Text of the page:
The SAFE rule also upended state emission programs. In September 2019, EPA and NHTSA issued a final action that enabled federal vehicle standards to preempt state action and withdrew the waiver for California’s Advanced Clean Cars Program, Zero Emission Vehicle Program (ZEV), and Low-Emission Vehicle Program (LEV). In response, California and other states sued in federal court to challenge the final action on preemption of state vehicle standards. In 2021, the Biden administration EPA and Department of Transportation began the process of dropping the limitations on California’s waiver.
History of Light-Duty Vehicle Standards
In October 2012, EPA and NHTSA finalized the second set of national program standards for model year 2017–2025 light-duty vehicles with the cooperation of major automakers and the state of California. Now replaced by the Trump Administration’s 2021–2026 standards, these standards aimed to raise the combined average fleet fuel efficiency to 46.7 mpg for model year 2025, nearly double the 27.5 mpg required for model year 2010 (before the first set of national program standards were adopted). Canada also adopted standards aligned with the second set of national program standards through model year 2025.
These standards included features aimed at improving flexibility, making compliance more cost-effective and encouraging technological innovation. Features for greater flexibility included:
- A credit trading system;
- Possibility of compliance for air conditioning improvements;
- Qualifying off-cycle credits (like solar panels on hybrid vehicles, active aerodynamics, or adaptive cruise control) for compliance;
- Alternative vehicle incentives; and
- Inclusion of truck hybridization for compliance.
In January 2017, following a mid-term review of these standards and draft Technical Assessment, the Obama administration issued a determination that maintained the standards through 2025. EPA cited the success of automakers in meeting early standard requirements and a seven-year growth in U.S. auto sales as reasons to expect that automakers could affordably continue to meet the standards. The California Air Resources Board (CARB) concurred with the EPA’s determination in its own midterm review of California’s vehicle standards. California found that automakers were successfully and affordably deploying advanced technologies to meet fuel economy requirements and the state’s zero-emission vehicle program.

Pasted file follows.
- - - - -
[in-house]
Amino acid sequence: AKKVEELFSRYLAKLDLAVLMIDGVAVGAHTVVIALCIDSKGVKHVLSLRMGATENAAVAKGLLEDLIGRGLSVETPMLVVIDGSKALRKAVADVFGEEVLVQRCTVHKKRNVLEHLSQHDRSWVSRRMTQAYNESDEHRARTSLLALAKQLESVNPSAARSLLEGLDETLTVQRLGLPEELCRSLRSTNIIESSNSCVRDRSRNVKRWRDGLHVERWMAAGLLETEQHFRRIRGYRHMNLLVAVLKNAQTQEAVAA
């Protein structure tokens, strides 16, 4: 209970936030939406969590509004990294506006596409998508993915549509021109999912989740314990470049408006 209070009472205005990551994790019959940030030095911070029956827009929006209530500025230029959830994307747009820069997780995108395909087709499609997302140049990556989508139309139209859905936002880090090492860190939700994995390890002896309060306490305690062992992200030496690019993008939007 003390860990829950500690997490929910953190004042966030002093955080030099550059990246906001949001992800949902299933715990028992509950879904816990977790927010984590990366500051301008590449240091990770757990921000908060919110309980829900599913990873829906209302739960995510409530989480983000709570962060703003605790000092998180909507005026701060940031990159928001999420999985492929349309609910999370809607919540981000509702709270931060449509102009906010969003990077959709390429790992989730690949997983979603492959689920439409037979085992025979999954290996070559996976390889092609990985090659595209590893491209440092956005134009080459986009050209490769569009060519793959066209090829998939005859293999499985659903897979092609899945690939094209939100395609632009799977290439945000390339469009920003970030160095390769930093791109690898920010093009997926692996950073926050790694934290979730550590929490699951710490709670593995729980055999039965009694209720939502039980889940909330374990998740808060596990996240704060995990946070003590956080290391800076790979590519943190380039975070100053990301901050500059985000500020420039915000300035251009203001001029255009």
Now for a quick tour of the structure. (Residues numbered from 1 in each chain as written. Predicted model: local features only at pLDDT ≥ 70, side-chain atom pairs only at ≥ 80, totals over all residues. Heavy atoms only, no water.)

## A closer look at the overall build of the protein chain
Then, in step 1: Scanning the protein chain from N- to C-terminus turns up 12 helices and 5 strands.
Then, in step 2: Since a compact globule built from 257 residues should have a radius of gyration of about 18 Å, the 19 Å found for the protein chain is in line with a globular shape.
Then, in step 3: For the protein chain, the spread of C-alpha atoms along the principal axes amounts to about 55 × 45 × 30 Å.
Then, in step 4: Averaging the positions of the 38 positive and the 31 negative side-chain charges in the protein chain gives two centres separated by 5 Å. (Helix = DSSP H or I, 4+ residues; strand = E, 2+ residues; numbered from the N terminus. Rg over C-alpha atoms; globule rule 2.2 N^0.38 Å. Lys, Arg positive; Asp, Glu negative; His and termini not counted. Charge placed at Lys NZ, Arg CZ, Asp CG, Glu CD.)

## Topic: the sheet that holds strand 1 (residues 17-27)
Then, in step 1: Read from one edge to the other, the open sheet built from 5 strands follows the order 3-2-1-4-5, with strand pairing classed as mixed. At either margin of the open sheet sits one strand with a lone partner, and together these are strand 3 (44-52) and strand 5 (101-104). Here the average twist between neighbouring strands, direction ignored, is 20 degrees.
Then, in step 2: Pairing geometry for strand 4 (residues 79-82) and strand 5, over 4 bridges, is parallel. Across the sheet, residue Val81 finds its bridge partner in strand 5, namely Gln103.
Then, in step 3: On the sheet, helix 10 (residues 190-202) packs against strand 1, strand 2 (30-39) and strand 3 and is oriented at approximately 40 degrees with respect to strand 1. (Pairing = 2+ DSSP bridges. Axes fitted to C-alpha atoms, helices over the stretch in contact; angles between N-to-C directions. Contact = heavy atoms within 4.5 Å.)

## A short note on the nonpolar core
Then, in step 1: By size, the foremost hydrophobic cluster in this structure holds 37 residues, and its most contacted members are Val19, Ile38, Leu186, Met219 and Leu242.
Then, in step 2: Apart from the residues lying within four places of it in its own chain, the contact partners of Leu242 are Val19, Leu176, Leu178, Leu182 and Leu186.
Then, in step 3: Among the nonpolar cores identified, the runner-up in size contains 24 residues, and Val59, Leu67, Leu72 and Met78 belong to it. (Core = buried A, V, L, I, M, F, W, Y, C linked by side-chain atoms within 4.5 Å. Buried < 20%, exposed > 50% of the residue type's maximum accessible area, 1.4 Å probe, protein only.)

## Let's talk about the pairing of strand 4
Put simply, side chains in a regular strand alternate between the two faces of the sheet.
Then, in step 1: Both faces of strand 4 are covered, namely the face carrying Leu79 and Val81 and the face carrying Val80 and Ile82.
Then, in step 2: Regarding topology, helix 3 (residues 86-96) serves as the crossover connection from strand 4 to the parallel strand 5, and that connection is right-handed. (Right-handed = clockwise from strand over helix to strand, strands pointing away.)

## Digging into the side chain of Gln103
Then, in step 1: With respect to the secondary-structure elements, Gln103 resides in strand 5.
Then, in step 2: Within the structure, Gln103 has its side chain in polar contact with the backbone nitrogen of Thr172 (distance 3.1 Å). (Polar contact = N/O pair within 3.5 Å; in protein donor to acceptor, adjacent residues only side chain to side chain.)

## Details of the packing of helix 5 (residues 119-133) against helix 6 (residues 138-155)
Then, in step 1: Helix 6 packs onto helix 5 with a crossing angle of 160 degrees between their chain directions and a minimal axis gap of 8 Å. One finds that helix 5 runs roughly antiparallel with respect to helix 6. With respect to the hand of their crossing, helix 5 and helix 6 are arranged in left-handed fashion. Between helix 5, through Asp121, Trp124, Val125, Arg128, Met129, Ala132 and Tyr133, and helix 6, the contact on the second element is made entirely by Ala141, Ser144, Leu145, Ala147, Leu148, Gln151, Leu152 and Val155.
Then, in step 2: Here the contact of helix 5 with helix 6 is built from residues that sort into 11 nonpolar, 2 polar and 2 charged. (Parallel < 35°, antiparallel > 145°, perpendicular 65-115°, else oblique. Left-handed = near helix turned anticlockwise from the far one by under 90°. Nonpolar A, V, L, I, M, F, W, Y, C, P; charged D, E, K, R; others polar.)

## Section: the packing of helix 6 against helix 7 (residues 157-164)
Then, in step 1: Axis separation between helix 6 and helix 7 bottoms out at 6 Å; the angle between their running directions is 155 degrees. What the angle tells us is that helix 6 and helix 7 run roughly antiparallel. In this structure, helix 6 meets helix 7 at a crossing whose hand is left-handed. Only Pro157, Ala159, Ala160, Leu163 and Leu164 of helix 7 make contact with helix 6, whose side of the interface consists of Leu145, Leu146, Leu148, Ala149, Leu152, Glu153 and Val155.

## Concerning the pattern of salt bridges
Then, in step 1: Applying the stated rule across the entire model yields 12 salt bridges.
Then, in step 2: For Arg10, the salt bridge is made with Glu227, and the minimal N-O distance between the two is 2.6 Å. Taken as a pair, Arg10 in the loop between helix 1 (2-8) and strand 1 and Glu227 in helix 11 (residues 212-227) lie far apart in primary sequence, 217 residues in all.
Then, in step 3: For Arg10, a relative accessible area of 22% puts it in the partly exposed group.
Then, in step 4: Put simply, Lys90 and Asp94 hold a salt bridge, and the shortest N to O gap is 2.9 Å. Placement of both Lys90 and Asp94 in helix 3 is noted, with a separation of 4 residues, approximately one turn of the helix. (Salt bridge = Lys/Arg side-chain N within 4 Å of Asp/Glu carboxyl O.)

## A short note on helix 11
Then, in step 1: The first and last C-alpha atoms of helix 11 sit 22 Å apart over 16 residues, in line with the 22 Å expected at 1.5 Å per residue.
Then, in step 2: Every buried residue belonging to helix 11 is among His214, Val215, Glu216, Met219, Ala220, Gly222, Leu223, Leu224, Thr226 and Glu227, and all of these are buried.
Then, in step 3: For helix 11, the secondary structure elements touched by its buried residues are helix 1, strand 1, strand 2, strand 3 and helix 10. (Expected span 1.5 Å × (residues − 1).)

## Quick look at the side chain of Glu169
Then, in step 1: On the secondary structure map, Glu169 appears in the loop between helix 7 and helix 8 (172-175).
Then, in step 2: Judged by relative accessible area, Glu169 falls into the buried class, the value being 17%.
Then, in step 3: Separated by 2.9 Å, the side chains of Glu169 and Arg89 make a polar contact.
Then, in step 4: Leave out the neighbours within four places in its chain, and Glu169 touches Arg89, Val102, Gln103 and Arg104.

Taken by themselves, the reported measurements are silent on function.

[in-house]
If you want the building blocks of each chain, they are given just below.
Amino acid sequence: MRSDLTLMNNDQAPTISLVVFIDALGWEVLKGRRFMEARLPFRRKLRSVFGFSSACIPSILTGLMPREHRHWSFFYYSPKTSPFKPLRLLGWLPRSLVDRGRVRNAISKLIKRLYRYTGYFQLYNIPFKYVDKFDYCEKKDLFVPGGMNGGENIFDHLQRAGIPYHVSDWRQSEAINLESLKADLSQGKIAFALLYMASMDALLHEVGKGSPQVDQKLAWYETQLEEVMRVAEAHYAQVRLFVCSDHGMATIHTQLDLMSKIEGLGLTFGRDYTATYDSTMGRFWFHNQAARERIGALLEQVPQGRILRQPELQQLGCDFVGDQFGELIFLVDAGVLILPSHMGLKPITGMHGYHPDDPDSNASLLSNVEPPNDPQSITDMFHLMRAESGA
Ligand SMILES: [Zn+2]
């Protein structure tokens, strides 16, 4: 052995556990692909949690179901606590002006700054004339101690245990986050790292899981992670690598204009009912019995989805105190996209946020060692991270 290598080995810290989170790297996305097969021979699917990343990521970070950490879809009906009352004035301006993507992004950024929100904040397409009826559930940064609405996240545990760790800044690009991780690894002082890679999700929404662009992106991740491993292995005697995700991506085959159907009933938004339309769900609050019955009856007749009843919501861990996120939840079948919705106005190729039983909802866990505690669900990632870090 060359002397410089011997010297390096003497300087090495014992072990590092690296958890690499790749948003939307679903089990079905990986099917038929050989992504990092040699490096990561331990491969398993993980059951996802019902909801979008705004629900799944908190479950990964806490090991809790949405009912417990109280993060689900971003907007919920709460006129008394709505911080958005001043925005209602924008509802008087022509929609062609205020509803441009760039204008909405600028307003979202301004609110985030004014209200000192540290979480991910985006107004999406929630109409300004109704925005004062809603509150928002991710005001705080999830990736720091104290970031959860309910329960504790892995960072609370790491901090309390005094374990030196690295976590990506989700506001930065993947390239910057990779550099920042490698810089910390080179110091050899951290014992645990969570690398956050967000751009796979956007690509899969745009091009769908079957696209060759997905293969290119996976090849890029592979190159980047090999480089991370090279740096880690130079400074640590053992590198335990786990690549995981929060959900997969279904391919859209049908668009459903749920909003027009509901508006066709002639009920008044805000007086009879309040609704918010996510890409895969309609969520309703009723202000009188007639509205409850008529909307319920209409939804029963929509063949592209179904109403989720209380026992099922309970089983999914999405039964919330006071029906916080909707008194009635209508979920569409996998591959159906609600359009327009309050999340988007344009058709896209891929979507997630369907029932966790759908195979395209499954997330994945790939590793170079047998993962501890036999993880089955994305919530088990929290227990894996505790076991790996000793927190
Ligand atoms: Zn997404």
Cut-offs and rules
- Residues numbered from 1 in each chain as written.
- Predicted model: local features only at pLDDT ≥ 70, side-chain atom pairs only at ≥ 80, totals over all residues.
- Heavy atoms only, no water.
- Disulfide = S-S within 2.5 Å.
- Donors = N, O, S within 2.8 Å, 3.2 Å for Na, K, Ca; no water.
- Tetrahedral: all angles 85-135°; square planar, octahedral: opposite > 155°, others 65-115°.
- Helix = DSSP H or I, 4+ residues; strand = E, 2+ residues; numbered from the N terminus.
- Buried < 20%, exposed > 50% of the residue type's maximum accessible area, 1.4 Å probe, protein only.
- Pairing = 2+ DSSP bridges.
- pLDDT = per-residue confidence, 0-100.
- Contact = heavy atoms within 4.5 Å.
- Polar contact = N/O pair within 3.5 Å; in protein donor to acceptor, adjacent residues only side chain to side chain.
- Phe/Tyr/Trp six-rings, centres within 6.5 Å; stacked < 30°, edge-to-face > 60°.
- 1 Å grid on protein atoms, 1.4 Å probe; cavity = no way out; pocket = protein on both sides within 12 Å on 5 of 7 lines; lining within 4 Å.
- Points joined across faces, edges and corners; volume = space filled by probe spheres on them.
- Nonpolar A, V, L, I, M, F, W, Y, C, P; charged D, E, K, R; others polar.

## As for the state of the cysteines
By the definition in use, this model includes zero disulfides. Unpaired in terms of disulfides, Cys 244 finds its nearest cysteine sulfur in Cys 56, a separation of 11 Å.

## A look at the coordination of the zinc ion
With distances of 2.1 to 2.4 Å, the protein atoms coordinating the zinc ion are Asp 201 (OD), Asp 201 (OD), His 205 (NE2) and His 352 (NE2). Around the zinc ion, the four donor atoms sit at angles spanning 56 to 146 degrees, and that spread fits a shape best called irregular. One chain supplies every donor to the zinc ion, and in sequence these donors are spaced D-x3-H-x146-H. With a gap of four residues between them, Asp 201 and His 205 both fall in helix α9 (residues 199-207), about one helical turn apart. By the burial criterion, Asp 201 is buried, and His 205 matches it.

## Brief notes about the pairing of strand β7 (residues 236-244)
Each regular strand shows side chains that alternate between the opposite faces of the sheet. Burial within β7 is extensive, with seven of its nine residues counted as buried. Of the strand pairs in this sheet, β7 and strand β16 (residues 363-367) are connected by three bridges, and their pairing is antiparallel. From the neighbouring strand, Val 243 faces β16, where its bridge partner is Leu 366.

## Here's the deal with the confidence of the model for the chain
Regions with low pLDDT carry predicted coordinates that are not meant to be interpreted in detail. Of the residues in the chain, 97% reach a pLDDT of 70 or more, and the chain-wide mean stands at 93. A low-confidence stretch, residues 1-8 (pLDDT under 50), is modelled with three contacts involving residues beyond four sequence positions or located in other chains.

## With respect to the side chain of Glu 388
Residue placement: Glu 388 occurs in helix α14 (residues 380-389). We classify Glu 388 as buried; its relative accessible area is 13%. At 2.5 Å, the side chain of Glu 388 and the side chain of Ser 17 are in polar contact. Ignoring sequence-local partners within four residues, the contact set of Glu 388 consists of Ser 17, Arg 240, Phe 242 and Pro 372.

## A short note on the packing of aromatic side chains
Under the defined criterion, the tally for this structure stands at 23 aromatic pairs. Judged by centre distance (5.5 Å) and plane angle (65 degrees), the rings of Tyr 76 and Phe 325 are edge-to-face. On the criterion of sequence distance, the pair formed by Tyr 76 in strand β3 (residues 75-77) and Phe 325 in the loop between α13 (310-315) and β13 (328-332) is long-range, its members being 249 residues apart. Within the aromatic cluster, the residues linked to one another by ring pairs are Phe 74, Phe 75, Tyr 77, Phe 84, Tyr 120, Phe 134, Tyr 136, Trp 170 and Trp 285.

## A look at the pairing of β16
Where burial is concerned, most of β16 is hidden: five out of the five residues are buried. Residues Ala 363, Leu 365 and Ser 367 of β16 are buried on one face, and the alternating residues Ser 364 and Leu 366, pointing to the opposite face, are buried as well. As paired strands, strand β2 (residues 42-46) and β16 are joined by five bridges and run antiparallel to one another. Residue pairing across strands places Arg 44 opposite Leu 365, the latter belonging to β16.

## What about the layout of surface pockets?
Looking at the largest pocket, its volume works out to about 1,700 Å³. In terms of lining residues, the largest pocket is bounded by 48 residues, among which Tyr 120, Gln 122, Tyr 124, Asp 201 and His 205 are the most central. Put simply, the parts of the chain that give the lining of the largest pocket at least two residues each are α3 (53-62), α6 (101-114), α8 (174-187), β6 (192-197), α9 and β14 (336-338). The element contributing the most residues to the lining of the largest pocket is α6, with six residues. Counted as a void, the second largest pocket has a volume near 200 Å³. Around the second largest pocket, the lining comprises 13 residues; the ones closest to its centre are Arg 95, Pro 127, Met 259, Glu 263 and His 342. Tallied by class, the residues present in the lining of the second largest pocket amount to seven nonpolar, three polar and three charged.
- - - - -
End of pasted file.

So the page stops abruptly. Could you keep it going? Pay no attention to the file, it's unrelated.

In April 2018, the Trump administration issued a reconsideration of the midterm evaluation for greenhouse gas emission standards for model year 2022–2025 light-duty vehicles. EPA concluded that the standards were based on outdated information and that more recent information suggested that the current standards may be too stringent, making vehicles less affordable. EPA concluded that since the 2012 rulemaking finalizing the initial standards, expectations about gas prices and consumer adoption of advanced technology vehicles had changed.
In response, a California-led group of 23 states and the District of Columbia sued in federal court to challenge EPA’s reconsideration. The group included California, Colorado, Connecticut, Delaware, Hawaii, Illinois, Maine, Maryland, Massachusetts, Michigan, Minnesota, Nevada, New Jersey, New Mexico, New York, North Carolina, Oregon, Pennsylvania, Rhode Island, Vermont, Virginia, Washington, Wisconsin, and the District of Columbia. The lawsuit alleged that EPA’s decision lacked scientific justification.
In 2021, the Biden Administration dropped the EPA and Department of Transportation’s defenses against the lawsuit, began the process of restoring California’s waiver under the Clean Air Act, and issued new near-term standards for light-duty and passenger vehicles.
Medium- and Heavy-Duty Vehicles
Medium- and heavy-duty trucks make up only 5 percent of vehicles on the road but account for about 24 percent of U.S. transportation emissions. This category includes tractor-trailers, large pickups and vans, delivery trucks, buses, and garbage trucks.
Phase 2 standards developed by EPA and NHTSA currently apply to semi-trucks, large pickup trucks, vans, and all buses and work trucks of model years 2021–2027. Phase 2 standards for box trailers that would have gone into effect in 2018 have been stayed by court order. EPA has proposed to repeal Phase 2 emissions standards for heavy-duty glider vehicles, glider engines, and glider kits.
In August 2021, President Biden’s Executive Order 14037, Strengthening American Leadership in Clean Cars and Trucks, directed EPA to begin work on establishing new emissions standards for heavy-duty vehicles for model years 2027 through 2030 or later. The order called for EPA to finalize this rulemaking by December 2022.